I love hearing stuff like this:
LOCAL NH TOWN TO REOPEN ITS SKI HILL
SAM Magazine—Littleton, N.H., Sept. 12, 2013—After being shuttered for more than 20 years, the Mt. Eustis Ski Tow will reopen to skiers and local school ski programs after Jan. 1. The town is planning to offer the non-profit Mt. Eustis Ski Hill Group a three-year lease for $1 a year. Voters approved the plan at a town meeting last March.The Group plans to run the area, with its one rope tow and two trails (one lighted) and a gladed area, with volunteers, with costs handled mostly
through donations. The Group is suggesting a $5 donation for each visit, but it’s not required. The aim is to offer affordable skiing and riding to all, and to provide a venue for school and local youth ski/ride programs.
As part of the community-wide effort, the automotive technologies students at Littleton High are resurrecting the rope tow’s gas-powered engine. Home Depot is donating a building to serve as the warming hut. Five volunteers will split the duties of running the tow and slopes, and will be trained in operations, safety, and first aid. The area will be open in the afternoon Tuesday through Friday and on weekends.
BIG TUPPER WILL REOPEN THIS WINTER
Adirondack Daily Enterprise -Tupper Lake, NY, September 17, 2013 – As long as
there’s snow in the forecast, people will be able to ski Big Tupper this winter. Jim LaValley, chairman of ARISE (Adirondack Residents Intent on Saving their Economy), announced Monday that Big Tupper Ski Area, which was closed last winter, will be open for the 2013-14 season. “One of the challenges we looked at last year that made us decide not to go forward with operating after three seasons was, what if we sold preseason tickets and we didn’t get the snow?” LaValley said. “It’s really hard to explain to people that we wouldn’t have the capability of paying them back. We have enough money in the bank now to mow the trails and wait for the snow.”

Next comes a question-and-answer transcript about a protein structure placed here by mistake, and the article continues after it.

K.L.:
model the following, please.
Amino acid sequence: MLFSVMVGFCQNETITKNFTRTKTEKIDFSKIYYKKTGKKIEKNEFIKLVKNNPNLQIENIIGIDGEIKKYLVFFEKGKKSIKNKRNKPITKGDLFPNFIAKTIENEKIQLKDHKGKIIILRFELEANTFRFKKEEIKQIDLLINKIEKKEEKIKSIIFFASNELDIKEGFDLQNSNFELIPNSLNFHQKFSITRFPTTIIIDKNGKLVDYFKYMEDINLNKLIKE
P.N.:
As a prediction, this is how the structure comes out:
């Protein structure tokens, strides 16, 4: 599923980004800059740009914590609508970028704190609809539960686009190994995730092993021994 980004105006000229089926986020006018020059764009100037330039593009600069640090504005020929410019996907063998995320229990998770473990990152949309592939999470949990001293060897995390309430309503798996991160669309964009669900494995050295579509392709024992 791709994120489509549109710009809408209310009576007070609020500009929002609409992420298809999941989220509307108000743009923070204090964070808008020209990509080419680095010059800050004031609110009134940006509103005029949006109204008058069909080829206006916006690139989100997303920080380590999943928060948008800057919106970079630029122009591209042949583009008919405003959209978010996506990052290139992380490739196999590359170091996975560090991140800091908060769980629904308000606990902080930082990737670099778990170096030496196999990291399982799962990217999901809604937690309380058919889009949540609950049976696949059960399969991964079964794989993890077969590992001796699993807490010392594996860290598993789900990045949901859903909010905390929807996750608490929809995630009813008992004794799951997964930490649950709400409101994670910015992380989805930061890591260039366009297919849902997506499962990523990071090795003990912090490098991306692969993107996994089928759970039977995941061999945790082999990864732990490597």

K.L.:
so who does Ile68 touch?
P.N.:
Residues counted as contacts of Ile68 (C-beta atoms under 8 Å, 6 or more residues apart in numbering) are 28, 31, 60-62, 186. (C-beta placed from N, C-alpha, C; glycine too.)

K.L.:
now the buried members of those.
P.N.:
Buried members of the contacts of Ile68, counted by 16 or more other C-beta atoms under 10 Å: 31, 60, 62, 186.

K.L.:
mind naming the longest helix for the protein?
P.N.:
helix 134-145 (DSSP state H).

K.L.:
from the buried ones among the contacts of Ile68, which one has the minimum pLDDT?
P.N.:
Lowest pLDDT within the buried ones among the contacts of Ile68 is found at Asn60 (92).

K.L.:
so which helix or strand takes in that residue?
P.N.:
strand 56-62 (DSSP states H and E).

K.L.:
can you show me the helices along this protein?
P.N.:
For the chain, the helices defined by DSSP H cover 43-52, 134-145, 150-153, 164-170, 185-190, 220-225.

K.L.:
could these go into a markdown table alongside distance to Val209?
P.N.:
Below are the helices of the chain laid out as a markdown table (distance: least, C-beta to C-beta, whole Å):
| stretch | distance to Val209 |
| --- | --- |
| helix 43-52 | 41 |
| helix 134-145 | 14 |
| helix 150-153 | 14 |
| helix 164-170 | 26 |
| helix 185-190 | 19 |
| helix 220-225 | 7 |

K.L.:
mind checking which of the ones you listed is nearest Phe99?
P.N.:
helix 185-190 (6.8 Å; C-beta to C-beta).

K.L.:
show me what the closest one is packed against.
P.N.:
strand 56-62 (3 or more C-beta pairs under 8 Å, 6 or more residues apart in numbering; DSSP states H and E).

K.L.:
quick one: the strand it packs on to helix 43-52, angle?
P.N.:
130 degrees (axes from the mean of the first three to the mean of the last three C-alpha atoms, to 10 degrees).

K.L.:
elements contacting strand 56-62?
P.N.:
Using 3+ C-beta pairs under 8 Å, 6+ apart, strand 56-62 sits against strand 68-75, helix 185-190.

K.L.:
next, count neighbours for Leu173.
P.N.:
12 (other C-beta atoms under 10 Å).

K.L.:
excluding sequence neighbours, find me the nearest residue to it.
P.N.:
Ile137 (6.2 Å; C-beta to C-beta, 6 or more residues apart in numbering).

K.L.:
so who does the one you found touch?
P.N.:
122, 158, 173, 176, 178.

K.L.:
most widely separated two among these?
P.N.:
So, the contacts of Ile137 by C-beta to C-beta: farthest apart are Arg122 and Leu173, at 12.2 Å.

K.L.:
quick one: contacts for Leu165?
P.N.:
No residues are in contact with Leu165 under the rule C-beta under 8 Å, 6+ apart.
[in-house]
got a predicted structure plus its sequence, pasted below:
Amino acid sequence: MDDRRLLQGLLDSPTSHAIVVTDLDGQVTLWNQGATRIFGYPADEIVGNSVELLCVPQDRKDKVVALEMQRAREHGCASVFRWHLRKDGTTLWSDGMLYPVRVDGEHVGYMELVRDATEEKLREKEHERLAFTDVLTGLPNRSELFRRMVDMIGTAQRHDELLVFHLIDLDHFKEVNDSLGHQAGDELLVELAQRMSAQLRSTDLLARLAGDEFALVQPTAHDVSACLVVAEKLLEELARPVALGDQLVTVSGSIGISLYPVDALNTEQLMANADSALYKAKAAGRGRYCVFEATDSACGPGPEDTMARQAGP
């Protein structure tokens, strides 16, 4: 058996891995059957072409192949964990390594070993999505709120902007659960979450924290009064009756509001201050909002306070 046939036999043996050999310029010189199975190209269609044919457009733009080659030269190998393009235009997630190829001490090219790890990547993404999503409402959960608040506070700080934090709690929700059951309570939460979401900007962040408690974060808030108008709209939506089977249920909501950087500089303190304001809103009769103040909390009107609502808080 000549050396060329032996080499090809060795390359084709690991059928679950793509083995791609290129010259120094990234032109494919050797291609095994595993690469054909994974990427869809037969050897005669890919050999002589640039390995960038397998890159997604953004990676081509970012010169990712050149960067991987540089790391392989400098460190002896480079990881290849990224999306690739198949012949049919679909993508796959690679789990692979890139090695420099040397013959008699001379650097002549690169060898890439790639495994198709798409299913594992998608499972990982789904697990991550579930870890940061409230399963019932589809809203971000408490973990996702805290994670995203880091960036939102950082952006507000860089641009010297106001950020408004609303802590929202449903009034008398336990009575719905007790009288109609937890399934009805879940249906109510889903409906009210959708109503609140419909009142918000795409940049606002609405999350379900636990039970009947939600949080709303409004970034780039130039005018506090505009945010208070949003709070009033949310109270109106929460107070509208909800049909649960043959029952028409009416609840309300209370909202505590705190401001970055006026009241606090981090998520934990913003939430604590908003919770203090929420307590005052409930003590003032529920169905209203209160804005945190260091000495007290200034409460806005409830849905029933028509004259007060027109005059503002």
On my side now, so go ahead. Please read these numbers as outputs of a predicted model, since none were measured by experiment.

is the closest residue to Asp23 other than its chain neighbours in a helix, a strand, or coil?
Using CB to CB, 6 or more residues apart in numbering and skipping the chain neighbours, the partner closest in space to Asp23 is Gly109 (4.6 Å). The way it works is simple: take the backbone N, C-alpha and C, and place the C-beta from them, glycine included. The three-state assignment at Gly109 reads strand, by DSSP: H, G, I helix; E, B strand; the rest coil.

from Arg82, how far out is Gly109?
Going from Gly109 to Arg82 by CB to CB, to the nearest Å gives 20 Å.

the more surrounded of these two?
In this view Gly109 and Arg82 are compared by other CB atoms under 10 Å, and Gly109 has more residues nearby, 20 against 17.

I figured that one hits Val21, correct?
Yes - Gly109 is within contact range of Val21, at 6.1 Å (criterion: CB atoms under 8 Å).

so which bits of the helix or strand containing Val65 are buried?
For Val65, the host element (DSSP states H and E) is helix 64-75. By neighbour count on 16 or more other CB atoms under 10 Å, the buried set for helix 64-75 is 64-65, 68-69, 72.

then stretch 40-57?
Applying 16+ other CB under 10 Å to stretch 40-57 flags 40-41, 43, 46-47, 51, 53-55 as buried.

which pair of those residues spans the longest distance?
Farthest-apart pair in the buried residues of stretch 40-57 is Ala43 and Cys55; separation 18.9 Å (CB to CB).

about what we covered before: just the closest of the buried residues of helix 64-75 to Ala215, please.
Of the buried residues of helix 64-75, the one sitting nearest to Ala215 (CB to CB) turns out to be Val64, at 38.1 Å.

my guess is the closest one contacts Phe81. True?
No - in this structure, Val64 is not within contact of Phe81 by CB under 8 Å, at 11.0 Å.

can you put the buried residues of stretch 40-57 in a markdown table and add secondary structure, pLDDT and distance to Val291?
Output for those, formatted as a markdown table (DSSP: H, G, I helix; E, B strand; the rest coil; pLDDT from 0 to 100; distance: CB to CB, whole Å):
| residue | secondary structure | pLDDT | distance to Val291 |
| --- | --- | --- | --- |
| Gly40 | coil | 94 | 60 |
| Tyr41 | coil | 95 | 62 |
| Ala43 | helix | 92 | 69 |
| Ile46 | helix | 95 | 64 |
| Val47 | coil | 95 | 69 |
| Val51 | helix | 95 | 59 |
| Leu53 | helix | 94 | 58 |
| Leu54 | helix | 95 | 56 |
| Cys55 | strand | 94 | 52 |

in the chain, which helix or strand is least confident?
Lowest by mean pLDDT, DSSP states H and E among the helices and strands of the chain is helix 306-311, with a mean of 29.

Skiers and snowboarders will be able to take to the slopes of Big Tupper Ski Area this winter, Adirondack Residents Intent on Saving their Economy announced Monday. Last year, ARISE sold one of the the ski center’s groomers, which gave the group a little extra cash. Now, LaValley said, with a little luck and a lot of snow, Big Tupper could turn a corner financially. To help maximize revenue, the ski center will be completely volunteer-run this winter. Day passes will cost $25. In the past, there have been up to four paid employees manning the center’s 25-plus trails. Although he wouldn’t get into specifics, LaValley said this is just the beginning of Big Tupper’s role in Tupper Lake.
Why does this warm the cockles of my little heart? And why does it matter to anyone at all?
Once upon a time there were hundreds of small ski areas like this all over the place. Any farmer who had a hilly back pasture could hook a rope up to a tractor motor during the winter, call it a ski run, and be good to go. Yes, agreed, those were simpler times. People’s expectations were lower. Air travel wasn’t as common as it is today. And snowmaking was practically unheard of.
But even in a world with mega-resorts and super-sonic snow guns, there’s still a place for areas like Mt. Eustis and Big Tupper. Little ski hills like these aren’t a Business Venture or Investment Opportunity. They’re not around to sell condos or even ski-and-stay packages. Instead, they’re perfect for newbies who want to learn, for school programs, and for families who want to have some affordable fun. They’re no-frills, know-everyone, no-lift-line kind of places where you don’t have to pay a fortune for a lift ticket. You can send your kids off on their own without any worry. Or you can drop them off after school to take some runs instead of sitting home playing video games.
Sure, you don’t get the terrain and amenities of the big resorts. If you want a high speed lift, restaurants, or trail-side lodging, fuggedaboutit. And if there’s no snow, well, you’re pretty much out of luck. But with lift tickets at some resorts well into nosebleed territory, these places bring them back down to earth.
Power to the people.
I know the economic realities of running a ski area are daunting. But when communities come together to support places like Mt. Eustis and Big Tupper, everyone comes out ahead.
Let’s hope for more of this in the future.